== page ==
Ingredients, measuring cups, cutting boards, mixing bowls and spoons for a recipe designer
A tarot deck, crystals, blankets, and candles for a reiki practitioner, etc.
And then, I mean literally do your job during your photoshoot. :) Go beyond just holding these items or having them in the background of your images…. Re-enact your actual preparation routines you do before working with clients, go through the motions of actually posting to your Instagram, show how you use your products in real life, really read your books, act out what happens behind the scenes during your process, pretend you’re in a real Zoom session with a client, and just interact with the props you’ve brought in a natural way. This helps your website to feel more real and give your leads an inside look at your process, which means you’ll be more memorable and trustworthy!
Before planning your photoshoot, look over your drafts or finished copy for your website words and review your values and brand messaging. Notice what kind of words you’re using and what kind of tone you’re writing in. For example:
If you’re trying to inspire, motivate and uplift, you’ll need photos that have a higher amount of movement and energy.
If you’re trying to calm and soothe, you’ll likely do better with photos that are reflective, still, and serene.
If you tend towards bright and loud language, you’ll want to plan an edgier or more exciting photoshoot.
To get started, think from the point of view of your ideal client - who are they, and what do they want to see? How can you help them visualize your words and make them feel more real?
If your client is the bold, outspoken type and you are helping them express themselves fully, then having many photos in a neutral outfit and a similar closed-mouth style won’t help you express that as well as a photoshoot that features bold camera angles, bright clothing, and lots of images of you in action, right? When you match the photoshoot vibe to your brand message and voice, you’re avoiding your website visitors having a disconnect between your words and your images, helping to improve the impact of your site!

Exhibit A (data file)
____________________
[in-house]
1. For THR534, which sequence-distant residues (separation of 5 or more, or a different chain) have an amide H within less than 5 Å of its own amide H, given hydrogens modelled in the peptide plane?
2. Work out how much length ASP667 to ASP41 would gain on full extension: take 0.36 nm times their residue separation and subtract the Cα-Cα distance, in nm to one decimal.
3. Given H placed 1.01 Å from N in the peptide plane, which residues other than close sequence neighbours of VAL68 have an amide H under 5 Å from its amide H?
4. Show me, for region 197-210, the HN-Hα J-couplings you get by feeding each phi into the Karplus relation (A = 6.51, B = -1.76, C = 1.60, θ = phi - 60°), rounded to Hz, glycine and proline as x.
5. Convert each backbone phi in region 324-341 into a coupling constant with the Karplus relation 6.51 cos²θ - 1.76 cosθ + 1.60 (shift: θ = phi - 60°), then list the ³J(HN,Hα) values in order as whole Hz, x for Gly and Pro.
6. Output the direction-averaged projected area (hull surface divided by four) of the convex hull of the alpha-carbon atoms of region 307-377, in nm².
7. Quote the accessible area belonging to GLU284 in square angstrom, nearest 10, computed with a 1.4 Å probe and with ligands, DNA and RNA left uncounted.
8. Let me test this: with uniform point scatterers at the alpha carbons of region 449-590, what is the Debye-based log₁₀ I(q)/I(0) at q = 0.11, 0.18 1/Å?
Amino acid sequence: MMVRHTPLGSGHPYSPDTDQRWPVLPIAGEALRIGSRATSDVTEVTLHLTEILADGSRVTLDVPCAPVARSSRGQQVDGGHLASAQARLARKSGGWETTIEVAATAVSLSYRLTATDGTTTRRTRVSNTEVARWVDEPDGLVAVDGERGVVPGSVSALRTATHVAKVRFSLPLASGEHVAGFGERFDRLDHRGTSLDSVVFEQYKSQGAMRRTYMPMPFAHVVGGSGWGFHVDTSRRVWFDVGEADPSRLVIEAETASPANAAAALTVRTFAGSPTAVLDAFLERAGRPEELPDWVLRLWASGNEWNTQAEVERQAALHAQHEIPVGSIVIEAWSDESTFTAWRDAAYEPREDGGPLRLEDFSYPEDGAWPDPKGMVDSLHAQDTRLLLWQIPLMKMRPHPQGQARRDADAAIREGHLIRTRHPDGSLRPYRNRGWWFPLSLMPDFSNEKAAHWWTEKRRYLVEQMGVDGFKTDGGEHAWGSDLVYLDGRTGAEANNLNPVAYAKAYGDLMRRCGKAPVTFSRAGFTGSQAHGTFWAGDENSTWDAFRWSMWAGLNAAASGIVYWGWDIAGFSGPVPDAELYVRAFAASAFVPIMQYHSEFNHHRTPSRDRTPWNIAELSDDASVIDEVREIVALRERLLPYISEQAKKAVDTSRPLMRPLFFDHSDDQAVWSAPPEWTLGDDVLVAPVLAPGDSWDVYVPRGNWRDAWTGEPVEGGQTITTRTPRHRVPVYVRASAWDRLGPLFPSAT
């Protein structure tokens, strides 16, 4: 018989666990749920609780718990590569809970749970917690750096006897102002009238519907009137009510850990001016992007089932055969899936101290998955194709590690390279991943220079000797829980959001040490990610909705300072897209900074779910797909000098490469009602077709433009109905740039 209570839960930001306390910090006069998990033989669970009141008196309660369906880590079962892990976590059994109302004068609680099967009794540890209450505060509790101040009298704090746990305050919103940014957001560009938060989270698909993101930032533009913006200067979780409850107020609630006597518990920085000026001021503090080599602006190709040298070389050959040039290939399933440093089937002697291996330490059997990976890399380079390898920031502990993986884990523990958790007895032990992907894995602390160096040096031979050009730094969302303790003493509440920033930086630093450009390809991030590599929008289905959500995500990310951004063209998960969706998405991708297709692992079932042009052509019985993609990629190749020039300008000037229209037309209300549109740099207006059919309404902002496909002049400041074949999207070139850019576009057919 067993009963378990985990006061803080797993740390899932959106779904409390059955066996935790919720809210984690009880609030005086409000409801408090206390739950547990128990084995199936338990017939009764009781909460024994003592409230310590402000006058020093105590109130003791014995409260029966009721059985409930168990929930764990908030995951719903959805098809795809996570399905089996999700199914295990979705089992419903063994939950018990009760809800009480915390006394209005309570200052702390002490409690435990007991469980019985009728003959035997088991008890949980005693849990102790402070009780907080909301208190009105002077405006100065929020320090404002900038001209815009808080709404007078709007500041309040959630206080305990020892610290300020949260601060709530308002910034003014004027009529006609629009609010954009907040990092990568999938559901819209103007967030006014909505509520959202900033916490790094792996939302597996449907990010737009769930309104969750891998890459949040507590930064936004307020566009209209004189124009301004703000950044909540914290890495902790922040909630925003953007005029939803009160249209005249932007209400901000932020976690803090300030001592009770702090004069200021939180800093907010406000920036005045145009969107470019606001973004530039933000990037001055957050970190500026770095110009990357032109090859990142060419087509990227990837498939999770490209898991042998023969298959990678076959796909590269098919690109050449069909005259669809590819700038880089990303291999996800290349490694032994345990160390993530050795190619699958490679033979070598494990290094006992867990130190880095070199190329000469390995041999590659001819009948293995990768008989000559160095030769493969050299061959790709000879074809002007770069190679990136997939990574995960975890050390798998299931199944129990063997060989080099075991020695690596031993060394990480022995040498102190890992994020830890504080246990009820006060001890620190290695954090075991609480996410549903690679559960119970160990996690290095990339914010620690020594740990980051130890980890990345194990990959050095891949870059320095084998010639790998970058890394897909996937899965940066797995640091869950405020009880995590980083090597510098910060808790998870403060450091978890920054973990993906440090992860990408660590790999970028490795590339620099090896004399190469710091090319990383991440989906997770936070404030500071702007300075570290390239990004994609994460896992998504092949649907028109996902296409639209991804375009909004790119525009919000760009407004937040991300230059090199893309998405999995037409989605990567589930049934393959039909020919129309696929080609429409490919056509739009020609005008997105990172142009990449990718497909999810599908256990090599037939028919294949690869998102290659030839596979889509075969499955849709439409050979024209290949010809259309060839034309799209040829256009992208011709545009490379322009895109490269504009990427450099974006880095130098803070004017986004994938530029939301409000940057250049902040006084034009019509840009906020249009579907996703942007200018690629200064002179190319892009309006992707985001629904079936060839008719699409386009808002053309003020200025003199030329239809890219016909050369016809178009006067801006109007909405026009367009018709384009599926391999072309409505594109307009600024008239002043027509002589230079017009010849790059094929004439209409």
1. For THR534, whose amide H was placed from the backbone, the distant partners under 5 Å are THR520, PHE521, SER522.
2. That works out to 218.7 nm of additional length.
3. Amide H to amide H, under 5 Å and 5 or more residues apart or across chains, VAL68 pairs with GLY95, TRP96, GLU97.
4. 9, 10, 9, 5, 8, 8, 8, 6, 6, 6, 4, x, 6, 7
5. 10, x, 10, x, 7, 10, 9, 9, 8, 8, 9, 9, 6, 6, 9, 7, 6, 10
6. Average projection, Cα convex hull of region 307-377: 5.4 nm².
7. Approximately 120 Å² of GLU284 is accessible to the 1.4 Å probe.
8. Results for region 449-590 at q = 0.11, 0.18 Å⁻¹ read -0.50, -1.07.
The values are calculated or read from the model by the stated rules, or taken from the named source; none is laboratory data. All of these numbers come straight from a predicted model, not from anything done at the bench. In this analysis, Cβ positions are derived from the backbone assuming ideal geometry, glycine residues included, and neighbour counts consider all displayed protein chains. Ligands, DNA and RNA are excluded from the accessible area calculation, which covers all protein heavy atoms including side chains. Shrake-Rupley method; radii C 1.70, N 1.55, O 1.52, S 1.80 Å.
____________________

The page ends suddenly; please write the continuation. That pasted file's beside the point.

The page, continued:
I can tell you from experience… there’s nothing worse than getting your website photos back from your photographer and realizing that you’re looking straight at the camera with the same expression in 90% of them. Although hopefully your photog will have ideas to engage you and pose you in interesting ways, planning ahead helps you cover your bases.
I always encourage my clients to get images in all the following layouts:
-where they (the subject) are in a mix of the far left, middle-left, middle-right, and far-right of the frame. This allows you or your web designer to put text and graphics overtop of the image and makes your images more versatile.
-mostly horizontal with a few vertical images. These will work best for those wide images you see all over the web and can always be cropped down for smaller sections.
-images that have you (the subject) in a profile view, images that are taken looking up at you, images taken from behind your back, and those taken from above. Ensuring this variety means you can re-use similar images from page to page without them all looking the same and confusing your visitors as to which page they’re on.
Planning a photoshoot for your website can be so involved - but I encourage you to view the planning process as half the fun! When you get your photoshoot images back after implementing these tips, you’ll feel so proud of the finished product on your site, and what’s better, your website will impress your visitors, have them clicking around longer and visiting more pages, and encourage them to take the desired actions linked to your website goals.
Happy photo-taking and website-making!
Chantelle Andercastle, Clear Quartz Creative
Aligned Business Mentor